I’m sure the price for Sp-10mkII will drop sooner or later, new Technics turntable will change the market for used old Technics. I think i made a smart move by selling it before it’s too late.
I don’t need the arms with knife edge bearings, so i never tried SME or Saec, and to be honest i don’t even want to try them. They are available everyday everywere.
I replaced my Lustre GST-901 with Fidelity-Research FR-64fx for FR-7f cartridge and i love it, absolutely amazing combination. My Lustre has been rewired with Discovery wire, but i like FR better with stock wire. I’m not crazy about the wires as many older guys on this forum and i don’t care about silver "bullets". I’m trying to be more practical. I’m sure the good tonearm must be good in stock condition, of course i use new external wires.
I prefer Victor over the Lustre for practical reason, it’s pretty easy to swap cartridges and set up everything quickly. But My Grace F14, Victor X-1, X-1II, Audio-Technics AT-ML170 impressed me pretty much on Victor UA-7045 tonearm. The armrest on Victor is the best which is helping to keep the cart safe. Really nice arm, designed by smart people, and you don’t loose much cash with it. I like SONY PUA-7 for the same reasons, also very well designed arm.
I like EPA-100 and EPA-100 mkII, but they are much more expensive tonearms. Having EPA-100 mkII i don’t need Rega, Stax, Micro Seiki or AT arms, i’m sure they are not in the same category, but this is my intuitive feelings only (except Micro MAX237 which is just too expensive).
Schick tonearm is like the old Ortofon, but with better german bearings, all new Ortofon made by Jelco. I’ve seen/heard Jelco on Technics SL1210mk2, but for MM cartridges i don’t think Jelco is better, the effective mass is heavier. I don’t like the mainstream products, i don’t believe in today’s mainstream, all my cartridges are from the 70s and 80s (different era). New tonearms mostly designed for modern cartridges, high compliance carts are out fashioned today, so why do i need a modern arm, i can’t buy many of them as the good ones cost many thousands. I bought Reed 3p "12 as a demo much cheaper, it’s innovative design, the price for new one is about 5k Euro.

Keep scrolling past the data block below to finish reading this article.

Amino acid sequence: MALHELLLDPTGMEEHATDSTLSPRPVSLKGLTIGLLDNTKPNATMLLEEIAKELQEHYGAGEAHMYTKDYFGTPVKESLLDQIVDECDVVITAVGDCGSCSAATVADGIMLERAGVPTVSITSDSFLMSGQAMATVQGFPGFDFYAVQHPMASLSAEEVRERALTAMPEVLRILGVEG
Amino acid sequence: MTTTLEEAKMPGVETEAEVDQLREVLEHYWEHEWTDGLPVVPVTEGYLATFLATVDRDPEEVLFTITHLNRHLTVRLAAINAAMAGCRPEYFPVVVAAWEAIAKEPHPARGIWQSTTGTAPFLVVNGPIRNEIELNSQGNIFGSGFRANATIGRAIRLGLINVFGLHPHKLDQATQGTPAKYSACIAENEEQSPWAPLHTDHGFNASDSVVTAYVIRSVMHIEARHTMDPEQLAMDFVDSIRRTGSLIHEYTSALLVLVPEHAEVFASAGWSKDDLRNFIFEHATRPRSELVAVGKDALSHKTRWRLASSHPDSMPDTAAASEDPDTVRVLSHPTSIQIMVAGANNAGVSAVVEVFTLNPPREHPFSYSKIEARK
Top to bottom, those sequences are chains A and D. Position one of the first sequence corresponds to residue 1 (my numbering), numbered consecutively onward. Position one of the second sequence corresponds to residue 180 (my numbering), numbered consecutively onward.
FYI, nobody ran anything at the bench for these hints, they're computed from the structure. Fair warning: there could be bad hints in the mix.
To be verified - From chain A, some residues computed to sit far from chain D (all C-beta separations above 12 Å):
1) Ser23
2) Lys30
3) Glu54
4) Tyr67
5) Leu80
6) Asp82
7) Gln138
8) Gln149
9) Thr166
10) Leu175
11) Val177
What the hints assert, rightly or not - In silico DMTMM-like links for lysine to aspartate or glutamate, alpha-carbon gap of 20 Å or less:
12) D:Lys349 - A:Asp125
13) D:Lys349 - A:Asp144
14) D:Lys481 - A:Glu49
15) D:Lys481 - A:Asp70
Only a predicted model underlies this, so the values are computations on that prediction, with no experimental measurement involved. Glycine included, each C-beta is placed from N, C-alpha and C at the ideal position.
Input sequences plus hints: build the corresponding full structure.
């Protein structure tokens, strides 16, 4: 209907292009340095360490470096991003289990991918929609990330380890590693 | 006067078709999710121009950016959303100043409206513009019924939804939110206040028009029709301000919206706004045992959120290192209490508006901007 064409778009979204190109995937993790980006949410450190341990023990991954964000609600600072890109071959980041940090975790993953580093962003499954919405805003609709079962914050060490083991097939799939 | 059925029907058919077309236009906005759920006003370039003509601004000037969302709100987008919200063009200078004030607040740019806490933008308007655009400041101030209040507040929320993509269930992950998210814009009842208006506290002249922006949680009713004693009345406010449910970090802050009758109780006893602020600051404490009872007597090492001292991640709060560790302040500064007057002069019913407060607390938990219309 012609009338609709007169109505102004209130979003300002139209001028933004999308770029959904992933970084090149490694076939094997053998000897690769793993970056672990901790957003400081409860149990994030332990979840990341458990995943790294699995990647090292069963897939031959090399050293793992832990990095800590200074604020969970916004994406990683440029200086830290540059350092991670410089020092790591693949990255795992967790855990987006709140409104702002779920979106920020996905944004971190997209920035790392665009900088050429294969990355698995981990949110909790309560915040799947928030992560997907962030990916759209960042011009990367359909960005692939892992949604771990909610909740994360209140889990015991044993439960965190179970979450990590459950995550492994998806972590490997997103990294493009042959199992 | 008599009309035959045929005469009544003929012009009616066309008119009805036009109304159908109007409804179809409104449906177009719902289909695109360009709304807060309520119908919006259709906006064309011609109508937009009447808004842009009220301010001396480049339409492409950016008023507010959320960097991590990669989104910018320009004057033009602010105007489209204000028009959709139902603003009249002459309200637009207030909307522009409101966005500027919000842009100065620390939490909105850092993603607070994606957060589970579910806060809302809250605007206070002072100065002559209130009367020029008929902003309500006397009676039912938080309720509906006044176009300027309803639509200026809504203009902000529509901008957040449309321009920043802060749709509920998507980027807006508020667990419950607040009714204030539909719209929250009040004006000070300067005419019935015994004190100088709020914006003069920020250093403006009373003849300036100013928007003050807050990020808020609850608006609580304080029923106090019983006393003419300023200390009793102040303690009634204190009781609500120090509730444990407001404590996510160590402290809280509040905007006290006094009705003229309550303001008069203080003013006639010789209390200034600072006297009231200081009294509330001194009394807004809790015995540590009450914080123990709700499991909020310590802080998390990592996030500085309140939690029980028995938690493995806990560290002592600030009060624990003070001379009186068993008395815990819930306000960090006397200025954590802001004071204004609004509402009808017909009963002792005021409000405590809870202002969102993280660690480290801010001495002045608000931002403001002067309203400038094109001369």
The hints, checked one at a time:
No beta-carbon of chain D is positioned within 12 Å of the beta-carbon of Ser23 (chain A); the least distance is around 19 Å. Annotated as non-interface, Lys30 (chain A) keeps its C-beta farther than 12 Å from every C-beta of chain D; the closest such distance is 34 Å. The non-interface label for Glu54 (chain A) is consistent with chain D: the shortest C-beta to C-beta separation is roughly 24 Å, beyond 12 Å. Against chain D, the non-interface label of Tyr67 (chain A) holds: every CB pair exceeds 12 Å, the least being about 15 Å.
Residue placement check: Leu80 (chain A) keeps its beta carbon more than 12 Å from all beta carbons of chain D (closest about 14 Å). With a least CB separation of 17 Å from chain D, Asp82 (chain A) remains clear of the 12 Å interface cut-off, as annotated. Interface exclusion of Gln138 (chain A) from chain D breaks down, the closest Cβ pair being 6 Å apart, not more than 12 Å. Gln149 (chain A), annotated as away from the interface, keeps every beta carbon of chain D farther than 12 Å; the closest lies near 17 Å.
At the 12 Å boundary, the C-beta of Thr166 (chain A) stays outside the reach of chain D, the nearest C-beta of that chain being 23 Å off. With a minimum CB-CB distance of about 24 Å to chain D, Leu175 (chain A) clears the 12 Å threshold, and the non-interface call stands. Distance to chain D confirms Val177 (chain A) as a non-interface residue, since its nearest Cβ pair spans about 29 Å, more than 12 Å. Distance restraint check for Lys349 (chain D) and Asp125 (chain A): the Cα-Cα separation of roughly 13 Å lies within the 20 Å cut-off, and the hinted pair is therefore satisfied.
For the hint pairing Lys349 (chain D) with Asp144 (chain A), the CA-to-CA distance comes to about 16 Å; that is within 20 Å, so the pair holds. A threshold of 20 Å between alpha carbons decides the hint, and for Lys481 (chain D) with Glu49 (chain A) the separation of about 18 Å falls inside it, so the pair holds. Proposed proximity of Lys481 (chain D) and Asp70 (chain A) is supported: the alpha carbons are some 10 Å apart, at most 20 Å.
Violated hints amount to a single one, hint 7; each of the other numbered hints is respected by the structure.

I will not give you a sonic conclusions, sorry, i’m not reviewer and it is very subjective, also system (cartridge) dependant.
And BTW you can not ask about every tonearm on the forum, just buy some of them, try them, make your own conclusions. For the same reason i ended up with 5 tonearms, sold some, bought some, always like that.
I had an SP15 for emergency use, and paired it with a very good tonearm and cartridge - quite disappointing. With an upgraded Rega RB300 it was fine, perhaps because expectations were lower. But it was no SP10.
The New Jelco TK950L could be fitted to this table - you’d need a special cartridge for 78Rpm - the Jelco has removable head shell making the cartridge swap easy - it even comes with a digital cartridge scale.
Ive been playing the Jelco TK950L the past week or so - it’s a completely new game for Jelco - unbeatable at its asking price.
Do you just need pitch control on 78RPM if so that could possibly be added.
The New Jelco TK arms are very easy to listen to - currently I have it on a GrooveMaster Vintage Direct DN308 Professional with a Highphonic MC-D15 Cartridge a very good sounding combination. The TK arms have like other dynamically balanced arms a great flow to it - the music just flow. Think SME 5 / V12 and the Ortofon 309D (made by Jelco for Ortofon)
downunder 1,264 posts 05-29-2018 11:31pm @vinny55 what do you use the pitch control for?
To listen to music. Most of us like to listen to music in time - so we can tap our feet along with the music. Some folk even enjoy having the pitch of notes reasonably accurate as well. Most 78's are not recorded at 78rpm and need on the fly adjustment to obtain the correct timing, pitch etc on playback.
It's a tough question, because i haven't tried all tonearms i'm willing to try (yet). Also, as i said in another topic, it is all depends on the cartridge. Different arms for different cartridges.
I will name a few that i really like and the price difference between them is huge:
1) Reed 3p "12 Cocobolo 2) Victor UA-7082 (this is also long type)
In terms of usability Technics EPA-100 mkII is a keeper for any MM/MI cartridges.
I even bought (again) EPA-100 which i sold long time ago, this time it was in original box and it was hard to resist. I like the arms which i can quickly adjust when i swap MM cartridges/headshells. SONY PUA-7 is one of the arms i like, it is also super easy to adjust very quick. I can do that with closed eyes like i did with Kalashnikov AK47 in highschool.
Fidelity-Research 64s (with b-60 base) and 64fx (with n-60 nut) tonearms is what we need for low compliance cartridges (imo). Or Lustre GST-801
And different super-lightweight arms like Denon DA-401 for high compliance cartridges.